Contract Theory and the Limits of Contract Law
Contract law has neither a complete descriptive theory, explaining what the law is, nor a complete normative theory, explaining what the law should be. These gaps are unsurprising given the traditional definition of contract as embracing all promises that the law will enforce. Even a theory of contract law that focuses only on the enforcement of bargains must still consider the entire continuum from standard form contracts between firms and consumers to commercial contracts between business firms. No descriptive theory has yet explained a law of contract that comprehends such a broad domain. Normative theories that are grounded in a single norm -- such as autonomy or efficiency -- also have foundered over the heterogeneity of contractual contexts to which the theory is to apply. Pluralist theories attempt to respond to the difficulty that unitary normative theories pose by urging courts to pursue efficiency, fairness, good faith and the protection of individual autonomy. Such theories need, but so far lack, a meta principle that tells which of these goals should be decisive when they conflict. We attempt to make progress here with a more modest approach -- to set out and defend a normative theory to guide decisionmakers in the regulation of business contracts.
|Date of creation:|
|Date of revision:|
|Contact details of provider:|| Web page: http://www.law.yale.edu/outside/html/home/index.htm|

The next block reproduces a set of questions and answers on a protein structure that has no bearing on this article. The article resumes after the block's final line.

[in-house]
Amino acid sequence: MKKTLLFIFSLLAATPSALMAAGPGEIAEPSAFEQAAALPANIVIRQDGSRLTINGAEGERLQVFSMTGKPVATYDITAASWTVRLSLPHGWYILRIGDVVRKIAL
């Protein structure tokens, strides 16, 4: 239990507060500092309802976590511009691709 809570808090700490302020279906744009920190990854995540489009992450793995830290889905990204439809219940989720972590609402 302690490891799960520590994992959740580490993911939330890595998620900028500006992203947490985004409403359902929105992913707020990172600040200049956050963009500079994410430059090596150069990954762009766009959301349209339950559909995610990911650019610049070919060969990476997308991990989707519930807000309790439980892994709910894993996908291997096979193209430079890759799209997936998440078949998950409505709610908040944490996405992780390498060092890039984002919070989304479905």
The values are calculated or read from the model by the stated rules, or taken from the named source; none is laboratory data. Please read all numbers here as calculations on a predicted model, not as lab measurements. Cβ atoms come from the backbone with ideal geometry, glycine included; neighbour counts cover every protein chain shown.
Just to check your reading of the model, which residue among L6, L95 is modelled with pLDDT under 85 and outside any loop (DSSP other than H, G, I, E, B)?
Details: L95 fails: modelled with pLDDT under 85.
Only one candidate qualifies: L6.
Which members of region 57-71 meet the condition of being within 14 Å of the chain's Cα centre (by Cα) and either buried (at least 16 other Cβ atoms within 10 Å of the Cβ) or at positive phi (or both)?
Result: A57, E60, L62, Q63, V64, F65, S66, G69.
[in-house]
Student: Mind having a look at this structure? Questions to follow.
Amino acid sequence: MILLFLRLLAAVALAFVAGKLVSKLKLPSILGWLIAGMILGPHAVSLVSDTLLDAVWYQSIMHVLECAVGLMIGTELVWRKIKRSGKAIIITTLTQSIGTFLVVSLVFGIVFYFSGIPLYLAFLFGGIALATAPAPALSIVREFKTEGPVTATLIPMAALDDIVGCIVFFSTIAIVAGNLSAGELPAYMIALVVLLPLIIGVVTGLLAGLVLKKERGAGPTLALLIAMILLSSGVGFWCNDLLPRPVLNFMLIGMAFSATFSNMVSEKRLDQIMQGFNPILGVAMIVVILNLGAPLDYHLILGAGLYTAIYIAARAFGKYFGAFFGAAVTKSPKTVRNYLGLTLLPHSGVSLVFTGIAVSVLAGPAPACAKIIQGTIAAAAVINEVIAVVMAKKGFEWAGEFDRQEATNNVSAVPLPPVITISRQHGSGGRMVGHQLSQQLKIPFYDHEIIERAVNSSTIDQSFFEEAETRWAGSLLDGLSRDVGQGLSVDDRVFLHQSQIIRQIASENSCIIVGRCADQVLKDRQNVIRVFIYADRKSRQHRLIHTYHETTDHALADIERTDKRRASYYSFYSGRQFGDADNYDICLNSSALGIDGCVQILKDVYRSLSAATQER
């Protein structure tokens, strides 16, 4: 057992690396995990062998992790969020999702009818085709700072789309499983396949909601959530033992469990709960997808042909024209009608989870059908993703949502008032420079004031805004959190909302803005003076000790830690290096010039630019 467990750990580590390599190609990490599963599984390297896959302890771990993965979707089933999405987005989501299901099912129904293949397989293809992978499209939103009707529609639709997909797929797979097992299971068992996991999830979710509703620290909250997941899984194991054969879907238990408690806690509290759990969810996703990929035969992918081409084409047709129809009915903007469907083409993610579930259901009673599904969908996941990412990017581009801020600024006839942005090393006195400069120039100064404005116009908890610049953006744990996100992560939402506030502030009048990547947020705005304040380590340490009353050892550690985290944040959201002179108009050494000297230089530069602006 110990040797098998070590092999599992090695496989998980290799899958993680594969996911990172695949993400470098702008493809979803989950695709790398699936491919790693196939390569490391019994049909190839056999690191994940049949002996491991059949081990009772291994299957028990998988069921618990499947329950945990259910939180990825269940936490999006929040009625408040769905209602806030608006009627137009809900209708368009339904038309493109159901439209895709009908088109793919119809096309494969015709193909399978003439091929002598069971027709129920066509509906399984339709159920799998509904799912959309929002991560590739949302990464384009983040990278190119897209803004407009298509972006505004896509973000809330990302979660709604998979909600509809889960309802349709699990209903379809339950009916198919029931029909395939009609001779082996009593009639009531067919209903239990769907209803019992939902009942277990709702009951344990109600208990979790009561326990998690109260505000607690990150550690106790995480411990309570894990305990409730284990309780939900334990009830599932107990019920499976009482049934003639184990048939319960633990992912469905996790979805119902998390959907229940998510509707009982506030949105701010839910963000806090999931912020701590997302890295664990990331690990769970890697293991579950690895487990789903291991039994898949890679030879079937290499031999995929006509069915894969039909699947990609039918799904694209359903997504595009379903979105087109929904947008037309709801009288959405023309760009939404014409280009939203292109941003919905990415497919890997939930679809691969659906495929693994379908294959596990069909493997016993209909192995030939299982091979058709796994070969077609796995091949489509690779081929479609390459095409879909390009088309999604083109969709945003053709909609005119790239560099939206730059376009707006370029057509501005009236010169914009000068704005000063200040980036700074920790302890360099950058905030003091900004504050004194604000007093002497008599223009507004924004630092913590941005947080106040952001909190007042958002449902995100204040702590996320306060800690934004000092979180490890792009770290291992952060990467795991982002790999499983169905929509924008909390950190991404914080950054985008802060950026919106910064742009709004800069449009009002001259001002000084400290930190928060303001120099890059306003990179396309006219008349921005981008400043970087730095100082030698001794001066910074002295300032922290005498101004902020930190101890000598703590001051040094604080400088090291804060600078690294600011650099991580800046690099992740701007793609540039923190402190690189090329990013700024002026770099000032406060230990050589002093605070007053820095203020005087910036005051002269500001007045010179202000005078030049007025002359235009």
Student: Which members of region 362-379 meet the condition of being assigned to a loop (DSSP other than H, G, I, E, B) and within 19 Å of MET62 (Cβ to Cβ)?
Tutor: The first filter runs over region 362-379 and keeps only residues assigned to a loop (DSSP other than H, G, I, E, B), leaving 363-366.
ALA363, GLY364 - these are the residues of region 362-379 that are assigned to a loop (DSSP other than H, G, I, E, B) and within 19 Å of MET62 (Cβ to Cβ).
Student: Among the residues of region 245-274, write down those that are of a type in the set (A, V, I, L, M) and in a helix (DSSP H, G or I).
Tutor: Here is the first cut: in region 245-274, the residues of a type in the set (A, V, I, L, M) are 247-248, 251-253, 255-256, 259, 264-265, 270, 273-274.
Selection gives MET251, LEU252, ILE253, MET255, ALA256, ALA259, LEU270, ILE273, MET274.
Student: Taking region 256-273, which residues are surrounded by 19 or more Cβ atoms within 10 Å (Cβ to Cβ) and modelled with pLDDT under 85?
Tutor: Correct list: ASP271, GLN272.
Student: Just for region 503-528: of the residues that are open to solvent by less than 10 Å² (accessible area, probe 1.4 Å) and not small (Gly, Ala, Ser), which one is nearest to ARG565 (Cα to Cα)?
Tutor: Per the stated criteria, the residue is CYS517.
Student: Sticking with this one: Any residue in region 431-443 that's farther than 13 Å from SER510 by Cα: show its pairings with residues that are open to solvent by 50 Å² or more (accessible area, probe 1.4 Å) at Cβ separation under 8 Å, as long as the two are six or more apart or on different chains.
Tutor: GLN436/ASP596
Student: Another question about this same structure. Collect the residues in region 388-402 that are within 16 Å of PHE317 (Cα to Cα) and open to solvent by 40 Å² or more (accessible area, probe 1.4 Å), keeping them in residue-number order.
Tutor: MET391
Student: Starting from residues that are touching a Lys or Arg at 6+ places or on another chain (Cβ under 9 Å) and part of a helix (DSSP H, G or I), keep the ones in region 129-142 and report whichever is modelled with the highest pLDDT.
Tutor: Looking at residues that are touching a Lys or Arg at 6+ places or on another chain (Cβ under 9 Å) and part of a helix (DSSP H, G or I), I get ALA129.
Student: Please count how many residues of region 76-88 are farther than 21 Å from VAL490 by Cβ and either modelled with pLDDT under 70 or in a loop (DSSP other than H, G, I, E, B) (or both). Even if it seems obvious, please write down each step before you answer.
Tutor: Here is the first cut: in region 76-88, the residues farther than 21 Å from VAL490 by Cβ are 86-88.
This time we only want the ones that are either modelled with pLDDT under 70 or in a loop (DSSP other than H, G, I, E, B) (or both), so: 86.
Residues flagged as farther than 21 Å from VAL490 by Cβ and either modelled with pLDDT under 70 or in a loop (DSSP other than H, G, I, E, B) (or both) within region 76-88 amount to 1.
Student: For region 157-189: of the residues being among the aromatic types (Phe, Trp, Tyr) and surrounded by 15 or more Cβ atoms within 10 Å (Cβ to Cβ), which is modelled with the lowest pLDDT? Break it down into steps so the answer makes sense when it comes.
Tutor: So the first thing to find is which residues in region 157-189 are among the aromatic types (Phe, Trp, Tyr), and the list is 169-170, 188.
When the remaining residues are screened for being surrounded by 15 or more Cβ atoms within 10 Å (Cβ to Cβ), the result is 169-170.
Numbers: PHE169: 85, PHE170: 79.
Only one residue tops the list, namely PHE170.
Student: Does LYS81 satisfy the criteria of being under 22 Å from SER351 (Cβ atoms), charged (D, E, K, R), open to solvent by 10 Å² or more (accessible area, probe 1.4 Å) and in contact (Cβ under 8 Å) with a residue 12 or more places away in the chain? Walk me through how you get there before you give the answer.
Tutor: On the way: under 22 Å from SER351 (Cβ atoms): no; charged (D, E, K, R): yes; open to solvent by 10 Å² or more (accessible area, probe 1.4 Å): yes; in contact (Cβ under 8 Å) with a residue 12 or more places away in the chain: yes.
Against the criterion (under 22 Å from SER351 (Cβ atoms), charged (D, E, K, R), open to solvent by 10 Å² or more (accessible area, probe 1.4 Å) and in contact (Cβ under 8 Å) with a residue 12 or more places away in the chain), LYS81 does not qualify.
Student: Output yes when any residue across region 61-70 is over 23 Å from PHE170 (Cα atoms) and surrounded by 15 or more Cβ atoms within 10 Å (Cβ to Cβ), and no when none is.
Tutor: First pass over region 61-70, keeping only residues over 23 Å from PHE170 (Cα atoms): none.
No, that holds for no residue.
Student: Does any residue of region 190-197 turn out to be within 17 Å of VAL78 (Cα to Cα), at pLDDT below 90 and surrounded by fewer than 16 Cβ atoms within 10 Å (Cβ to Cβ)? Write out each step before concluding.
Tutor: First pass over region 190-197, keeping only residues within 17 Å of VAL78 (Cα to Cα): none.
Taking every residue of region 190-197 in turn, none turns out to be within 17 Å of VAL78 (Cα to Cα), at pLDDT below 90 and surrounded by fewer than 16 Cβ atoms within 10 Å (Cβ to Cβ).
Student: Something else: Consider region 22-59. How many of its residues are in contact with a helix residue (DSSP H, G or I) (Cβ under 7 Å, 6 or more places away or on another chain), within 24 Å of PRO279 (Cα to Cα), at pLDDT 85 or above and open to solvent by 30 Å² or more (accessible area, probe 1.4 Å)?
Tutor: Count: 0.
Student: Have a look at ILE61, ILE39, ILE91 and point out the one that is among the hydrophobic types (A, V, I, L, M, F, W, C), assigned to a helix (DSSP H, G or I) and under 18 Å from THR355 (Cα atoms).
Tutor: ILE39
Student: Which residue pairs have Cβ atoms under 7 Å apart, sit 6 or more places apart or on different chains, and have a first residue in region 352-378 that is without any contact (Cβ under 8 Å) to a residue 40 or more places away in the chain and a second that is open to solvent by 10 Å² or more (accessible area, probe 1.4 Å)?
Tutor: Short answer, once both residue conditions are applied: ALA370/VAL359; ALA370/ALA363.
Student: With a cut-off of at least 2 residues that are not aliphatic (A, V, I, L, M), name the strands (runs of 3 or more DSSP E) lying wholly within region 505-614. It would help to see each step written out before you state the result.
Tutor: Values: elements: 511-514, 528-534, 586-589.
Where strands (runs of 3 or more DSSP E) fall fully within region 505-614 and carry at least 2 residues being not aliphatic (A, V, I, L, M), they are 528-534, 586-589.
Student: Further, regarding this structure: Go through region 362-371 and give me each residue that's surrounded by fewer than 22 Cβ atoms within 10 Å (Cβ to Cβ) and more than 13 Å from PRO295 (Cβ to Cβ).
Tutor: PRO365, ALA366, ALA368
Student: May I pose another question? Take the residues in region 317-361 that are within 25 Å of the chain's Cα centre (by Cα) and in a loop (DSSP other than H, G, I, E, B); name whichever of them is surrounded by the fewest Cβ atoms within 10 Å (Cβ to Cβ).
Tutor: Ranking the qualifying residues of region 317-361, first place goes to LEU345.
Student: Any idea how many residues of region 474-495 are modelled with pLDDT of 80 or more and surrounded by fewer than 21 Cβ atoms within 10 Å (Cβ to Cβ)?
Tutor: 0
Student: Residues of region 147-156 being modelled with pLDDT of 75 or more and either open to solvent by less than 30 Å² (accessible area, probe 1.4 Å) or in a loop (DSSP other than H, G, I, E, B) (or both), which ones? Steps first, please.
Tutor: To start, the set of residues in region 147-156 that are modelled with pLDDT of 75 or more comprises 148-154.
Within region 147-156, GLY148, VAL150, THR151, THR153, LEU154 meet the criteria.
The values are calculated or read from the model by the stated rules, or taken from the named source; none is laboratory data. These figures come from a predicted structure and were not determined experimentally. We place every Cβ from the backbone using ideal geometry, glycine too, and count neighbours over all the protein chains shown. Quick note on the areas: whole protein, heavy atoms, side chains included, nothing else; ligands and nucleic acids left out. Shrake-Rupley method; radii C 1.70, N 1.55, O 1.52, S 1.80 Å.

References listed on IDEAS
Please report citation or reference errors to , or , if you are the registered author of the cited work, log in to your RePEc Author Service profile, click on "citations" and make appropriate adjustments.:
- Schmitz, Patrick W, 2001.
"The Hold-up Problem and Incomplete Contracts: A Survey of Recent Topics in Contract Theory,"
Bulletin of Economic Research,
Wiley Blackwell, vol. 53(1), pages 1-17, January.
- Schmitz, Patrick W., 2001. "The Hold-Up Problem and Incomplete Contracts: A Survey of Recent Topics in Contract Theory," MPRA Paper 12562, University Library of Munich, Germany.
When requesting a correction, please mention this item's handle: RePEc:bep:yaloln:yale_lepp-1011. See general information about how to correct material in RePEc.
For technical questions regarding this item, or to correct its authors, title, abstract, bibliographic or download information, contact: (Christopher F. Baum)
If references are entirely missing, you can add them using this form.